UK: the UK Home Office has informed hundreds of Afghan refugees who have lived in London for the past 18 months that they must relocate 200 miles to the north, to West Yorkshire, within a week.
They are among the 9,000 Afghans who fled the Taliban and are now living in temporary housing all over the UK. As part of Operation Pitting, which was started in August 2021 to evacuate Afghans and British nationals who had served with and fought alongside UK forces from the country after the Taliban seized power, they left their home country.
Former British Prime Minister Boris Johnson said at the time, "We will never forget the brave sacrifice made by Afghans who chose to work with us at great risk to themselves."
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The Home Office has now instructed 40 families—including 150 children—who have resided in a hotel in Kensington for more than a year to relocate to Wetherby, close to Leeds.
Some of the refugees, including a former general and translators who helped British Army troops, told the Guardian that they are refusing to leave because doing so would force their already-traumatized children to go through the upheaval of switching schools in the middle of the school year.
Some people have found jobs in London and are concerned about leaving them and having to look for employment elsewhere.
One of the refugees told the Guardian that the majority of the Afghans residing in the hotel have made the decision to protest the proposed relocation.
The government has broken a number of promises it made to refugees that it would help them find permanent housing, according to Hamidullah Khan, a former parliamentary adviser in Kabul who now lives in the UK with his wife and three sons.
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When we questioned the Home Office about their motivation, they responded, "This hotel is pricey. The hotel in Leeds costs less. But the Home Office made the decision to put us in this hotel and this neighbourhood, not us," Khan said.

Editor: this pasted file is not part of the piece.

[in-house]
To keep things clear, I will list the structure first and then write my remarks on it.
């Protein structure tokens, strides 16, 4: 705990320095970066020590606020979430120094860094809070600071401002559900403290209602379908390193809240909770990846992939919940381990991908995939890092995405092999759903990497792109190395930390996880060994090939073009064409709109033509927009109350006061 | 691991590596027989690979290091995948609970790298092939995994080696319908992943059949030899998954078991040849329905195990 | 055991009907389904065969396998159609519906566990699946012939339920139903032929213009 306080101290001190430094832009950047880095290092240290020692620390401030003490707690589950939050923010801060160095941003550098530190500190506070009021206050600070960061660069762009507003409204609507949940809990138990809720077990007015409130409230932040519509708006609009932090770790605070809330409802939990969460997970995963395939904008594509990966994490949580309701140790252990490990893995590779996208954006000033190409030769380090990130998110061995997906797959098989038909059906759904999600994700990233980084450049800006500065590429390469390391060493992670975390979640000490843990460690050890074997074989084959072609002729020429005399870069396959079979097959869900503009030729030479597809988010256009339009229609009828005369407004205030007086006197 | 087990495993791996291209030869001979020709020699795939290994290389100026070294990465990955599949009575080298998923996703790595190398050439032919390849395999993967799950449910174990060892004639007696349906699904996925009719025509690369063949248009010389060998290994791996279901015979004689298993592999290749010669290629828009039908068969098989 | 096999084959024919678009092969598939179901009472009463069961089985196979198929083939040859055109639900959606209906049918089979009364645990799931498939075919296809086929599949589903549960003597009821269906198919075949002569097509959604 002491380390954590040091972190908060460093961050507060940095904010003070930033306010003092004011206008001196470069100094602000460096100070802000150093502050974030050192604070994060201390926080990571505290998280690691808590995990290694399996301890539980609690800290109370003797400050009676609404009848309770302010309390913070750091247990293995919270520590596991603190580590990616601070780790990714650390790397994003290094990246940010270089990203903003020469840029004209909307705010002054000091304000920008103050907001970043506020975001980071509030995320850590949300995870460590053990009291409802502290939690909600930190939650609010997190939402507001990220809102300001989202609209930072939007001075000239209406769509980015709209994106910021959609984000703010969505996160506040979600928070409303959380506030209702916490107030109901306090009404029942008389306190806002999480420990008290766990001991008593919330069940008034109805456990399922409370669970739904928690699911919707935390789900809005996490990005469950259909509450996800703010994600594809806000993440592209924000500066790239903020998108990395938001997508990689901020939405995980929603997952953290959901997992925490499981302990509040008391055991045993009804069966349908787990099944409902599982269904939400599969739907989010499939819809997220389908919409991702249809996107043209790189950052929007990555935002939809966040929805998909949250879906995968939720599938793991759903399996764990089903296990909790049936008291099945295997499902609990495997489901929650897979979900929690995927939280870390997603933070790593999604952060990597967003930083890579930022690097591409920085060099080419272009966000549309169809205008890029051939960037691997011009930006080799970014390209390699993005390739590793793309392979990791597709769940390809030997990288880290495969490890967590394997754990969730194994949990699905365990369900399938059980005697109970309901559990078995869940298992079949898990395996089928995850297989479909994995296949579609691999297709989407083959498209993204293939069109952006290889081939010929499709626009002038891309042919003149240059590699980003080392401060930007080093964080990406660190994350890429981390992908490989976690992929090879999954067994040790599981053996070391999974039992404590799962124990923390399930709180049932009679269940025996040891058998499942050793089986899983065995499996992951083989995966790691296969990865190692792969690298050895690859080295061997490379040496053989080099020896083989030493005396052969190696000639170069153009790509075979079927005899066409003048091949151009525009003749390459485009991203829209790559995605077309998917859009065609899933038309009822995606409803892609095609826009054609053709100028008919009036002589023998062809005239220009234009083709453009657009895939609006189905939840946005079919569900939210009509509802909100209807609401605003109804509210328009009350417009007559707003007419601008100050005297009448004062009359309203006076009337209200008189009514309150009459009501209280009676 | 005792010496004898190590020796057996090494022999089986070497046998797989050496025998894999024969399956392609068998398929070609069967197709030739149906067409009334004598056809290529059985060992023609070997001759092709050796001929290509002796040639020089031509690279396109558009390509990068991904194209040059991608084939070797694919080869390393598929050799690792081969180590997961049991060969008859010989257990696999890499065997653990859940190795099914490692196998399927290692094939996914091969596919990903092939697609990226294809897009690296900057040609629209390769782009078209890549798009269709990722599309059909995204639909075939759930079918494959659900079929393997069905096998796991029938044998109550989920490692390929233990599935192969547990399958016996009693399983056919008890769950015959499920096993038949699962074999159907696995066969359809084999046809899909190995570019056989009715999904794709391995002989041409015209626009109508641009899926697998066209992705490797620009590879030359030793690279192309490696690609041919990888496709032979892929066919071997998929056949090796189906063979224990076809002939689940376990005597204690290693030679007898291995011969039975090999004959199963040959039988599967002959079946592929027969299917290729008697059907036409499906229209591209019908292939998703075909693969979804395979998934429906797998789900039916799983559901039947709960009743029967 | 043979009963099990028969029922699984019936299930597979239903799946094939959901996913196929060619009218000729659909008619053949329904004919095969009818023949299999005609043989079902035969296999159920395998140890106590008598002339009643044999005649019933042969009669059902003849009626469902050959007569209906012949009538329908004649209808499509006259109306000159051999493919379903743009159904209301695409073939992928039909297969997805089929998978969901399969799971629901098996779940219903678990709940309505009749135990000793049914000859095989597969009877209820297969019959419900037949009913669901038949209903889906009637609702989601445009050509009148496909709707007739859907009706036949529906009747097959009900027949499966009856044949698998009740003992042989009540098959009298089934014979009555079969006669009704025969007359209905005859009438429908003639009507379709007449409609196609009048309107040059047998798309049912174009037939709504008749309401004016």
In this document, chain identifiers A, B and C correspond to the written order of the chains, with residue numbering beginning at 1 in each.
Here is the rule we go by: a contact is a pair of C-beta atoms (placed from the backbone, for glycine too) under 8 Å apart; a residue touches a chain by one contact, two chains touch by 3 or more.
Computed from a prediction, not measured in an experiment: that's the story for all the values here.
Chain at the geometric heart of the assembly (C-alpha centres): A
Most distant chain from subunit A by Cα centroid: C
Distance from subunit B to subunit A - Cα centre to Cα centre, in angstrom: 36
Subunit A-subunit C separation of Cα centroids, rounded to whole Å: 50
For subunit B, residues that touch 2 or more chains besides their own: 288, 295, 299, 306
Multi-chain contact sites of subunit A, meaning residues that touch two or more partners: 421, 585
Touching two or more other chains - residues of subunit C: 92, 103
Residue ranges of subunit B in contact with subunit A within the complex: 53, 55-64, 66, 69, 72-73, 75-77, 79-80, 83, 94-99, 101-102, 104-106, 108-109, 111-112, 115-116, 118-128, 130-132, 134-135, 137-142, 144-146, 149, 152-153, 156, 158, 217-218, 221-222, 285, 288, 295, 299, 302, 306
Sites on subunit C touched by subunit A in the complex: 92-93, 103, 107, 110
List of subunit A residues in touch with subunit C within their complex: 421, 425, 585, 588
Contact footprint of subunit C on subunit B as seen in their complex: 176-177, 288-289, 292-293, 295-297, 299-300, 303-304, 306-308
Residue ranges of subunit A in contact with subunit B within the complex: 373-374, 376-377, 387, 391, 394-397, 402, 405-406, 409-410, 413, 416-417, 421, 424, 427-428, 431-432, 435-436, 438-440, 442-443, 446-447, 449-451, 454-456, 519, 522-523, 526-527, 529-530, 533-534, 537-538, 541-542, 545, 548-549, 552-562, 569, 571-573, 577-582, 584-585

"We have now been present for 18 months without our consent. The local schools where our kids attend ask us to leave in the middle of the academic year.
Meanwhile, some locals in Wetherby expressed opposition to the choice to house Afghan refugees in a nearby hotel. One person complained to Leeds Live that the government was behaving "underhandedly and secretively."
The Home Office is required to "safeguard and promote the welfare of children when it makes any immigration decision" under the UK's Borders, Citizenship, and Immigration Act.
The refugees were informed they would need to relocate to the north months ago, a Home Office spokesperson told the Guardian.
Hotels do offer safe, secure, and clean lodging, the spokesperson said, but they do not offer a long-term solution. We'll keep reducing the number of people staying in bridging hotels and, as soon as possible, transitioning them to more environmentally friendly lodging.
"On rare occasions, families may be relocated from a hotel that is about to close to another hotel. In these situations, families are supported by their local authority and given adequate notice of a move. Although we are proud that our nation has given more than 7,500 Afghan refugees homes, there is a shortage of local housing for everyone.
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By the end of the year, the government hopes to relocate all Afghan refugees into permanent housing, according to briefings given to local councils.